THE MAASTRICHT treaty was a 'dead duck' no matter which way the French voted in their referendum, Lord Parkinson, the former chairman of the Conservative Party, said yesterday.
'As far as I'm concerned, whatever the French say, there's going to have to be some fundamental rethinking about Maastricht,' he told London Weekend Television's Walden programme. Lord Parkinson, who reflects Thatcherite opinion within the party, said: 'In my view, the prospect of Maastricht being implemented in the time scale, and in the form in which it was conceived is . . . a dead duck.'
But he also said that John Major had to be given credit for having resisted economic and monetary union and the social chapter in the treaty as accepted by the United Kingdom. 'He reserved our position on all those things which the rest endorsed with great enthusiasm,' Lord Parkinson said. 'So, to an extent, Britain has already said that the big Maastricht package is simply not on, and he had the wisdom to express his reservations about that.'
The Prime Minister had effectively told the other 11 EC members: 'Well, you think it will work. In my view, it won't. I will sign up to a certain amount of it, but the whole thing's going to collapse under the weight of its own absurdity.' But Lord Parkinson added: 'Other people are now developing their reservations and so I think the package won't actually ever be implemented.'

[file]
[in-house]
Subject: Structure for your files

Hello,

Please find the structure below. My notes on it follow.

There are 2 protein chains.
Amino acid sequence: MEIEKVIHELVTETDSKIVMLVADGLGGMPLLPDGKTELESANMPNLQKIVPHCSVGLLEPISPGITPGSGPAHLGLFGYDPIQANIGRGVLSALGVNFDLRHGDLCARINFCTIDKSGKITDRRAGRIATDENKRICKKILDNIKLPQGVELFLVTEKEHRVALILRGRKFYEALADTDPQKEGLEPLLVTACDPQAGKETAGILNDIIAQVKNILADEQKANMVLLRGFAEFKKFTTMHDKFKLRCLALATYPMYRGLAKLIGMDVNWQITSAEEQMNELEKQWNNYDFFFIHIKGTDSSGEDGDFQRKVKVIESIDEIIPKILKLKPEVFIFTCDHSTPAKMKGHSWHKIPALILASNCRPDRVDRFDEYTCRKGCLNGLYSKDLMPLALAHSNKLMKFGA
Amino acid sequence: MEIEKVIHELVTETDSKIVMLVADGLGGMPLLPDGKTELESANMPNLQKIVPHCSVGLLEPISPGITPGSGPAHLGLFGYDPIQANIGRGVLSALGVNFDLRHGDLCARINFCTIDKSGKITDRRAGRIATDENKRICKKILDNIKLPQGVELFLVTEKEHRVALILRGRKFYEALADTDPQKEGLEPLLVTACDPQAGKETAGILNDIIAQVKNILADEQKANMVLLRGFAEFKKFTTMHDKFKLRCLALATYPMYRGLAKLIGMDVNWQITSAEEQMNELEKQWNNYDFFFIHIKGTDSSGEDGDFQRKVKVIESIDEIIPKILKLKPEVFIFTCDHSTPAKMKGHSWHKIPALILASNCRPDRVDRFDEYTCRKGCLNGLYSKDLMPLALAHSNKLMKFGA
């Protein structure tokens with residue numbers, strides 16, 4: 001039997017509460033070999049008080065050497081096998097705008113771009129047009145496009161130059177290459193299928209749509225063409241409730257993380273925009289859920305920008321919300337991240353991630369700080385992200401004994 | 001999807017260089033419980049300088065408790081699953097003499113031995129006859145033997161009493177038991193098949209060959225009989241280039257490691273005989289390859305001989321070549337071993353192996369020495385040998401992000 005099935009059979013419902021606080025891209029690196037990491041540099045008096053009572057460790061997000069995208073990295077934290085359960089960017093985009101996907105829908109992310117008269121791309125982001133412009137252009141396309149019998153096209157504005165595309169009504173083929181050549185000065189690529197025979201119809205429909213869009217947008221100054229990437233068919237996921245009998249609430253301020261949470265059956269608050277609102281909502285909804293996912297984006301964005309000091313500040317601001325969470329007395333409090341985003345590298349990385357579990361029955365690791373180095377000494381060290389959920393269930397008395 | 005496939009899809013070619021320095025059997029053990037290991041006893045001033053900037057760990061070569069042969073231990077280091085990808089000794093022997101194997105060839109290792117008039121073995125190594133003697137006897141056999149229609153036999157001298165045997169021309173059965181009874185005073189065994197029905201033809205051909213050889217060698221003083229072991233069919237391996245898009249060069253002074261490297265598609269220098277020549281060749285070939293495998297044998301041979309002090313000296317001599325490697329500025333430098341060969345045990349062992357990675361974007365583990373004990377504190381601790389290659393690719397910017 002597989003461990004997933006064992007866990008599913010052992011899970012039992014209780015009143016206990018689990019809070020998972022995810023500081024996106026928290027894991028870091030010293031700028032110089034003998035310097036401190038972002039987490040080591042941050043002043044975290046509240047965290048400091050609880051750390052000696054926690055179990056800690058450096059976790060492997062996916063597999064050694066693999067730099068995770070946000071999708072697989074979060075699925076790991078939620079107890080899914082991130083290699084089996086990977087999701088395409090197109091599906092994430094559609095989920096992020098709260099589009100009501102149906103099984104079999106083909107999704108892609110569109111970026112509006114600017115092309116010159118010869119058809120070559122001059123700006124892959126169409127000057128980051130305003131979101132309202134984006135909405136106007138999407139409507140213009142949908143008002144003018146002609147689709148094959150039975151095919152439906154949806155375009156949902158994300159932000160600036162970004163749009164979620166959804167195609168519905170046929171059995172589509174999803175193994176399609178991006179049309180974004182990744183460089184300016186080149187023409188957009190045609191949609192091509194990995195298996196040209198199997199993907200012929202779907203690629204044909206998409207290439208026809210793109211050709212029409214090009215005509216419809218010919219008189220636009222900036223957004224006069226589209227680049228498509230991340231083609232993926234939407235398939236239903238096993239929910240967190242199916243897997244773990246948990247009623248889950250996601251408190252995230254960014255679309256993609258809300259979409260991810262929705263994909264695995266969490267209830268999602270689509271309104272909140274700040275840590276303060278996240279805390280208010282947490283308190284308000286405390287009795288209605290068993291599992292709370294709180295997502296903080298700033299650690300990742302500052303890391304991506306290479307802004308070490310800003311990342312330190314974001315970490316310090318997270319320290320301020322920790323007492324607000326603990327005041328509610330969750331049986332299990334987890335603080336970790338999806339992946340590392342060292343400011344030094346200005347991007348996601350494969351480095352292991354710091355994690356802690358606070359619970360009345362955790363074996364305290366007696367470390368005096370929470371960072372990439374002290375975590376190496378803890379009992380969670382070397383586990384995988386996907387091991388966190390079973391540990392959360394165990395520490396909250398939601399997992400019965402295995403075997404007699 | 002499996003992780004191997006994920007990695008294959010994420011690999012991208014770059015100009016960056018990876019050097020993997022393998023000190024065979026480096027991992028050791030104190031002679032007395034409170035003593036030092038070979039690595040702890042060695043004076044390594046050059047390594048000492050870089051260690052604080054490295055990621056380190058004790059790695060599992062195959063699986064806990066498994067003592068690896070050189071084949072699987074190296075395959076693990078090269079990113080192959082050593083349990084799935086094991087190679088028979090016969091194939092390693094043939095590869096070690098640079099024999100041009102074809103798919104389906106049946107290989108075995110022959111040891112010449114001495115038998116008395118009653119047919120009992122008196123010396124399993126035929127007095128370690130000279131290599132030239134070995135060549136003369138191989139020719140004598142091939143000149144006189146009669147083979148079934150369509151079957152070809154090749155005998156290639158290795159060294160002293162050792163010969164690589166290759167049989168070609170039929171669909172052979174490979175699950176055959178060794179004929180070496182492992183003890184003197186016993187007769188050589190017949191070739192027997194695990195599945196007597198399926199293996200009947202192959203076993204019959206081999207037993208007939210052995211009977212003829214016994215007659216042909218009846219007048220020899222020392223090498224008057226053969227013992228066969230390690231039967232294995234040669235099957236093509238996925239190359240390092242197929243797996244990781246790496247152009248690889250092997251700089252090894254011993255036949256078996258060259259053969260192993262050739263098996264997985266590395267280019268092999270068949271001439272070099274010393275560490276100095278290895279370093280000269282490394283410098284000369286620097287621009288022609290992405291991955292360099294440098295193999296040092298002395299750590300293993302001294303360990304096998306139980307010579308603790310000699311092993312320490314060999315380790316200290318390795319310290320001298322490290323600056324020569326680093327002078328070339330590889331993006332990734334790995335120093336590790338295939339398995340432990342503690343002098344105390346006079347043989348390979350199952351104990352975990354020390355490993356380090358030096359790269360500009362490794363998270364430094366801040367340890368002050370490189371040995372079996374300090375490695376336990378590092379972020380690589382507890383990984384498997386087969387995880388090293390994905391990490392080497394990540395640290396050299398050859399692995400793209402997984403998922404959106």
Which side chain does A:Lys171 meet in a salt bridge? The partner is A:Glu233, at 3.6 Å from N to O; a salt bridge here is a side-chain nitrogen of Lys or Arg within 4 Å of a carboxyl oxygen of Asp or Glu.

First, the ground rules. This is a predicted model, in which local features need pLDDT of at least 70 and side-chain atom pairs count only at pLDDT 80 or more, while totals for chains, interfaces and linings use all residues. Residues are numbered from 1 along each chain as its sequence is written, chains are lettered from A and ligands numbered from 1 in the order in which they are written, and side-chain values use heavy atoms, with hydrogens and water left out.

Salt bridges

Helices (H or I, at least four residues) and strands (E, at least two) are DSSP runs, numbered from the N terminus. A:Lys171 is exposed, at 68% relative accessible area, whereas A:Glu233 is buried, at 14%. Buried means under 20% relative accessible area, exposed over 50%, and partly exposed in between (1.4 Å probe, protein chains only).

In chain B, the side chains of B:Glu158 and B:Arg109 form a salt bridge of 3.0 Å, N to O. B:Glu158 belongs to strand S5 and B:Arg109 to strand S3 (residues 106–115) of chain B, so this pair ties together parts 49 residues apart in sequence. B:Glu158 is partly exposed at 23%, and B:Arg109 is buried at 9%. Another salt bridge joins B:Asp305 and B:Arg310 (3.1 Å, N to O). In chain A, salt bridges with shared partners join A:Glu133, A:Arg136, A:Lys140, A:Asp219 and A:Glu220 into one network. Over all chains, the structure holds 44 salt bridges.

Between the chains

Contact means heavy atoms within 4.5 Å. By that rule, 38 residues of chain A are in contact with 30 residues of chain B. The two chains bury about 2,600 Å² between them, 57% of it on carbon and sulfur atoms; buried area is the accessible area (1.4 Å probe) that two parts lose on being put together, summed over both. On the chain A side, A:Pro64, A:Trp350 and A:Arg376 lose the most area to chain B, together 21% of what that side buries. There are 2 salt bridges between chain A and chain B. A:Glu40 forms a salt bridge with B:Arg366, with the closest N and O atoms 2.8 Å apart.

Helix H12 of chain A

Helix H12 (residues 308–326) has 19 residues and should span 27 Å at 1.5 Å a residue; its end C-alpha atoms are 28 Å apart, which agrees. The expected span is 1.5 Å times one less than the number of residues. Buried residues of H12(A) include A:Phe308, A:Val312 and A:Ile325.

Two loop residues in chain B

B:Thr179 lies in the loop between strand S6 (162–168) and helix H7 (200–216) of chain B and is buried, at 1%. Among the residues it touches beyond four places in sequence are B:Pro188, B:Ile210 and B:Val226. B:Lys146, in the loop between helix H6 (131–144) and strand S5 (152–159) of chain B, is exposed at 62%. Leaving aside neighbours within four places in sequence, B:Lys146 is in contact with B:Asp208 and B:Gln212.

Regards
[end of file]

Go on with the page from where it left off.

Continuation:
As for sterling's participation in the exchange rate mechanism (ERM), Lord Parkinson said that while it would be unfair to suggest that the ERM had created the country's economic difficulties, it had compounded them. 'The recession has been deeper and longer and will be more prolonged because our interest rates have been higher than our own economy would have needed.'
Sir Teddy Taylor, one of the Government's most forthright Conservative critics, said on BBC Radio's World this Weekend: 'Surely the right thing for Britain is to accept that currencies, like everything else, have a market value. If you pretend that the pound is worth what it's not worth, you're simply forced either to impose artificial prosperity, as we had with Mr Lawson, or artificial depression, as we have now. It's been a costly and humiliating shambles which has imposed terrible sadness, and hardship, and misery on so many people.'
But Peter Temple-Morris, a strong Conservative backbench supporter of the European Community, said on the same programme that the Government had now created a pause in which to consider future policy. The Conservative Party would have no difficulty backing the Government in next Thursday's emergency Commons debate, he said. 'We will unite behind the float, we will unite behind a cut in interest rates, we will unite behind the pause which we are now given.
'The difficulty is the policy for the future - whether, like Teddy, we float somewhere out in the Atlantic, not quite knowing where the wind will blow us, or whether we get in there at the heart of Europe, and help to dictate the direction in which it goes.'Reuse content